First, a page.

Its hinterland is brimming with country lanes and the hillsides jammed with singletrack. Our local 'guides' Steve and Jez whipped us through the woods and back to the docks for bacon butties, tea and scones.
When quizzing Brits about mountain biking, all arrows pointed to South Wales and specifically Afan Forest Park. The riding there is very, very good. Only a couple of hours over the Severn suspension bridge, tucked up the end of a Welsh Valley is Glyncorrwg - a mining town until 1970 and now host to many a delighted mountain biker and puzzled local. The trails are only three years old but feel much more established and are of a decent length- no getting dizzy with confusing loops in a confined area.
We blasted a couple of hours in the rain on Whites Level, beached at the Mountain Bike Centre café, then earned lunch after another couple of hours riding The Wall. The food was honest - in fact the helpings of lasagne were so oversize that we had to sleep them off before tackling the pub that night. The locals were hugely friendly, especially once our nationality was established and the conversation naturally turned to rugby.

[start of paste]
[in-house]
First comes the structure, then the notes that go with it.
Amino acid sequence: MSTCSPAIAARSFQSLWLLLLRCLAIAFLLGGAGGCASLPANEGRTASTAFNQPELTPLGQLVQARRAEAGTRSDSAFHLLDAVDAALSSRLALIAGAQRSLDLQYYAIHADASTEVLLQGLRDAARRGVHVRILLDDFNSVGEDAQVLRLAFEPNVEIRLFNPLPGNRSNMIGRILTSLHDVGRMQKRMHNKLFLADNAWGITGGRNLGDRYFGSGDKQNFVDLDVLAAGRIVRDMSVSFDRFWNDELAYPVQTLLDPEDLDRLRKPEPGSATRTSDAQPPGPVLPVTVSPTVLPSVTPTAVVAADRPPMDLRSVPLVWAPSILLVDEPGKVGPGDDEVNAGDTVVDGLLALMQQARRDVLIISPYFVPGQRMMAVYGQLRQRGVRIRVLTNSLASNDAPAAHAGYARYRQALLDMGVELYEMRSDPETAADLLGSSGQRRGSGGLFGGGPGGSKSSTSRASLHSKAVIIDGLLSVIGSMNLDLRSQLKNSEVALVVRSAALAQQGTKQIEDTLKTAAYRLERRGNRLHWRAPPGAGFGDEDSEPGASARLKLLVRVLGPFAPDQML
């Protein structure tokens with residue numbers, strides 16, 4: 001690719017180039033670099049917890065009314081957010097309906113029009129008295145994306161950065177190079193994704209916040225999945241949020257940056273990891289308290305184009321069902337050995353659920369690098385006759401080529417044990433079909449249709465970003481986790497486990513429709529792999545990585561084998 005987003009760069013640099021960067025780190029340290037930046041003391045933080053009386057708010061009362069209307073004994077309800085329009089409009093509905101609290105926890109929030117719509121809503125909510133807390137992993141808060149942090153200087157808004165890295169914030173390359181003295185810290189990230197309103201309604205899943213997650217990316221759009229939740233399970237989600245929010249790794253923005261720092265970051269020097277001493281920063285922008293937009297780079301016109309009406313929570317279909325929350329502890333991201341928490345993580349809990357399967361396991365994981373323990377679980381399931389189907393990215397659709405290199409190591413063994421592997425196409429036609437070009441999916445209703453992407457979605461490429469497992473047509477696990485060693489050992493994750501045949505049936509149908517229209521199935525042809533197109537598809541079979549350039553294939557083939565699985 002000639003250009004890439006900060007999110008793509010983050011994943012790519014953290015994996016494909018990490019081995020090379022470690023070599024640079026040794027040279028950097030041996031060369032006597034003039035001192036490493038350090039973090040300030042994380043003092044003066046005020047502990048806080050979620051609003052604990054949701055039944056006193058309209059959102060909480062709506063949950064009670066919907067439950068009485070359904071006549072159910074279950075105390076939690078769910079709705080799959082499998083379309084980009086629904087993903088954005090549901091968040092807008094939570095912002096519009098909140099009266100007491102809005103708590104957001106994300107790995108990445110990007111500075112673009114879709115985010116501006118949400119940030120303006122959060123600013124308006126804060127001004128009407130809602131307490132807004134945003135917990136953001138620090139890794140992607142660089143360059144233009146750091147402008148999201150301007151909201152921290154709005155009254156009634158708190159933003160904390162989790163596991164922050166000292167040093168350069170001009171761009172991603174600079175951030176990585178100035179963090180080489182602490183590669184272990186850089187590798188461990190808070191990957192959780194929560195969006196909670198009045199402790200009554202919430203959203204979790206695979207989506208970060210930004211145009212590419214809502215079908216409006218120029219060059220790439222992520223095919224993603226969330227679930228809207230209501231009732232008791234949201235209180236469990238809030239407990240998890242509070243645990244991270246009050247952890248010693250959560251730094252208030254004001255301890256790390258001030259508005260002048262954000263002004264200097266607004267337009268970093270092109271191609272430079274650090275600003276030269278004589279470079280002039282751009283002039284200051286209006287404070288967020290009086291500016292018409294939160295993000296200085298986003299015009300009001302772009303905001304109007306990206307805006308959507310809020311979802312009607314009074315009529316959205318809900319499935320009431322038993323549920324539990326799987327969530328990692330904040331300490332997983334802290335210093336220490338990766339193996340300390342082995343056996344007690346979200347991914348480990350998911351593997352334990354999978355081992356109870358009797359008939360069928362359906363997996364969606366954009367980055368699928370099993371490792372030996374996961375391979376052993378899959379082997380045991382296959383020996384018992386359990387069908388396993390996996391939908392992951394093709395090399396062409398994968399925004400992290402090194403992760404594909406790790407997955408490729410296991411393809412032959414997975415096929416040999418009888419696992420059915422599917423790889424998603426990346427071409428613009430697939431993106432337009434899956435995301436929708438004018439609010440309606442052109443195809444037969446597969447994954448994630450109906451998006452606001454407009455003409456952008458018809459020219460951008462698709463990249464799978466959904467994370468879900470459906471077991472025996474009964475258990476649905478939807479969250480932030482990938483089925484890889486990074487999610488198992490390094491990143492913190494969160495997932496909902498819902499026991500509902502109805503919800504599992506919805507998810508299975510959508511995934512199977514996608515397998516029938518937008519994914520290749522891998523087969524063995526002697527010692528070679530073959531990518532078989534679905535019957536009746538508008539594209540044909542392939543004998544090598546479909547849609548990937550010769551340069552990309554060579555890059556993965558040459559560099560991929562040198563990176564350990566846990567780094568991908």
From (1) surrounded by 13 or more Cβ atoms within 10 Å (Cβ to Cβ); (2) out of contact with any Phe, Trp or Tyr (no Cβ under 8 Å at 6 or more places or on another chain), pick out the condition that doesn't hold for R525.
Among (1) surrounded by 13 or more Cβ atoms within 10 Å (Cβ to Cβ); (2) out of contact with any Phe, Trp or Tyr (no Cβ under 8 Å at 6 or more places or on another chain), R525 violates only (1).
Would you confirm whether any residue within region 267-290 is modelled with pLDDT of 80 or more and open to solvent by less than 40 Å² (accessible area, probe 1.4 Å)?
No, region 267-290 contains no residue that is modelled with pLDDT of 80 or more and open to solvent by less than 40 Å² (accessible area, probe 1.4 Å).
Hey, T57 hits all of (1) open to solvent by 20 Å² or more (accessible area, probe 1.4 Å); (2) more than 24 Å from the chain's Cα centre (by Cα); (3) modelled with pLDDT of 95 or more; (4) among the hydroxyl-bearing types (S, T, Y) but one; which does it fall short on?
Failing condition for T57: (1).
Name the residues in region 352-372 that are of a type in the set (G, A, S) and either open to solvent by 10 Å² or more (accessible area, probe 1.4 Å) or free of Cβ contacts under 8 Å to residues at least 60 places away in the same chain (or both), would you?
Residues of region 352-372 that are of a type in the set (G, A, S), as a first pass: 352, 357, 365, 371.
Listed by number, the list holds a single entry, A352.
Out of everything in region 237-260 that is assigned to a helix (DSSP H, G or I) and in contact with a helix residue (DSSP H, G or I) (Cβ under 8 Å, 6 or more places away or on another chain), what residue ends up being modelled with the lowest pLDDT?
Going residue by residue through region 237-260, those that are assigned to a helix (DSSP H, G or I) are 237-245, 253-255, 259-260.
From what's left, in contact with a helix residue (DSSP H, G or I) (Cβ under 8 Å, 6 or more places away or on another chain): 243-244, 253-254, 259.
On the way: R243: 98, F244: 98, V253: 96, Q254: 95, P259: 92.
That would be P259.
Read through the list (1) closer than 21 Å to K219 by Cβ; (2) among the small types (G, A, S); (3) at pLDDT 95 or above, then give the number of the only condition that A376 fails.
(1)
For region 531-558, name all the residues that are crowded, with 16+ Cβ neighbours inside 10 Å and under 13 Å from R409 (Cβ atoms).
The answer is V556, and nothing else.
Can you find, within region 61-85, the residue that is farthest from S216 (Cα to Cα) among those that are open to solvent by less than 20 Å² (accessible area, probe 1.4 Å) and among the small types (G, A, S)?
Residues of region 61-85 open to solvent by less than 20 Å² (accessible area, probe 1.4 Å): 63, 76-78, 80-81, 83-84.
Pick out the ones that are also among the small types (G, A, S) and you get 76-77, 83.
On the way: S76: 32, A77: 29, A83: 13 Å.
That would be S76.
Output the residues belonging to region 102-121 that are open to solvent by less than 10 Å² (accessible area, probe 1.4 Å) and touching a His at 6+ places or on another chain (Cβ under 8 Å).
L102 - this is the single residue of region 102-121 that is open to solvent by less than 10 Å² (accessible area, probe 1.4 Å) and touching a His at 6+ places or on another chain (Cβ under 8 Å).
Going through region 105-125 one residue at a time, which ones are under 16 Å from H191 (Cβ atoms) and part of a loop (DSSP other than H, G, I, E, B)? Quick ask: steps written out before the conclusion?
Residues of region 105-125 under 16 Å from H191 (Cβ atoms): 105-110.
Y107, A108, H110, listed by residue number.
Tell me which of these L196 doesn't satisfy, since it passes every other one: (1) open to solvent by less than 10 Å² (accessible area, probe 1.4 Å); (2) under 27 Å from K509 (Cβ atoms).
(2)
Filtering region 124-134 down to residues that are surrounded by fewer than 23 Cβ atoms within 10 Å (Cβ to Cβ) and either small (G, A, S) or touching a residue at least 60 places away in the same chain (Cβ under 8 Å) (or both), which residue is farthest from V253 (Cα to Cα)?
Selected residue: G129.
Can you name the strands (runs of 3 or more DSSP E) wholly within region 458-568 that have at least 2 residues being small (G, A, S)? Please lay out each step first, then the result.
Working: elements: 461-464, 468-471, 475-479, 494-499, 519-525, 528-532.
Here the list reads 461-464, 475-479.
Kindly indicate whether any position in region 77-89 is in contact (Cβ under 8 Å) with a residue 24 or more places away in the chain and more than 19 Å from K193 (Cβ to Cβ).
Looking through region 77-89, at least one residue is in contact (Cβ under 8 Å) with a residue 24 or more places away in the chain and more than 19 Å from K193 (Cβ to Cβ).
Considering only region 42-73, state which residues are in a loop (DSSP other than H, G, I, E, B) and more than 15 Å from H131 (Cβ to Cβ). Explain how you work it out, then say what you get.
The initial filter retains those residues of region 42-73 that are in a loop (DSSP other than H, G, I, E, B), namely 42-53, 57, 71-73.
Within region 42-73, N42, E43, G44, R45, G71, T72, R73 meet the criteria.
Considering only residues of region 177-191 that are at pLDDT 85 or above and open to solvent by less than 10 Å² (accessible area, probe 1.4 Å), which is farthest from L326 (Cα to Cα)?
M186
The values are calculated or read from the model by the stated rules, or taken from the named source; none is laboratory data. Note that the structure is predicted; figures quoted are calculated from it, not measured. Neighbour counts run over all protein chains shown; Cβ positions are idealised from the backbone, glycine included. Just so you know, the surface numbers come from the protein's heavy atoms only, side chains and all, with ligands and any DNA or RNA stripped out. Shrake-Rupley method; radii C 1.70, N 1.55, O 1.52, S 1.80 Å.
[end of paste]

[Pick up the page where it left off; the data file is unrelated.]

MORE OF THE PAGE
We were keen to explore more of Wales but had a date in Yorkshire for a night ride and to return our bikes to their rightful tester. It took us most of the day to drive north to Harrogate and the welcome floor of Guy Kesteven. We arrived just in time to be issued with countless watts of LED lighting, a bag of haddock, vinegar 'n' chips and then be rushed off to rendezvous with the regular Thursday night riding crowd. There was a Brontë type feel as we climbed the Yorkshire Dales with a full moon and near frozen turf under our treads. I was willing neither Heathcliff nor Kate Bush to track us down. In typical British fashion, after a couple of hours we stopped for a pint in a quaint country pub before winding our way up hill and down dale with a final rocky descent to the car on the stroke of midnight. An honest night's toil capped off with more beer and cold pork pies in the carpark. Brilliant.
We sneaked a final ride the next morning with Guy. In daylight we were able to appreciate how beautiful thearea really is. Sensing our appreciation of Yorkshire pies, and they really are very good, we stopped at one of his favoured butchers for mid-ride refuelling. And all too quickly our meter had expired. Cam returned to his new profession as a landscape gardener to London's gentry. We were trussed up and sent hurtling back to New Zealand.
Mountain biking in Britain is much better than we had imagined. We met lots of great people and ate extremely well. True to reputation, it rains a lot. While in New Zealand we abstain from riding in the wet. In Britain that would somewhat restrict your riding opportunities. We got used to that and rediscovered the boyish pleasure of duelling in the mud. Next year we reckon on riding more of Wales and perhaps darting across the ditch to circumnavigate Mt Blanc - and of course show our wares at the Cycle Show once more.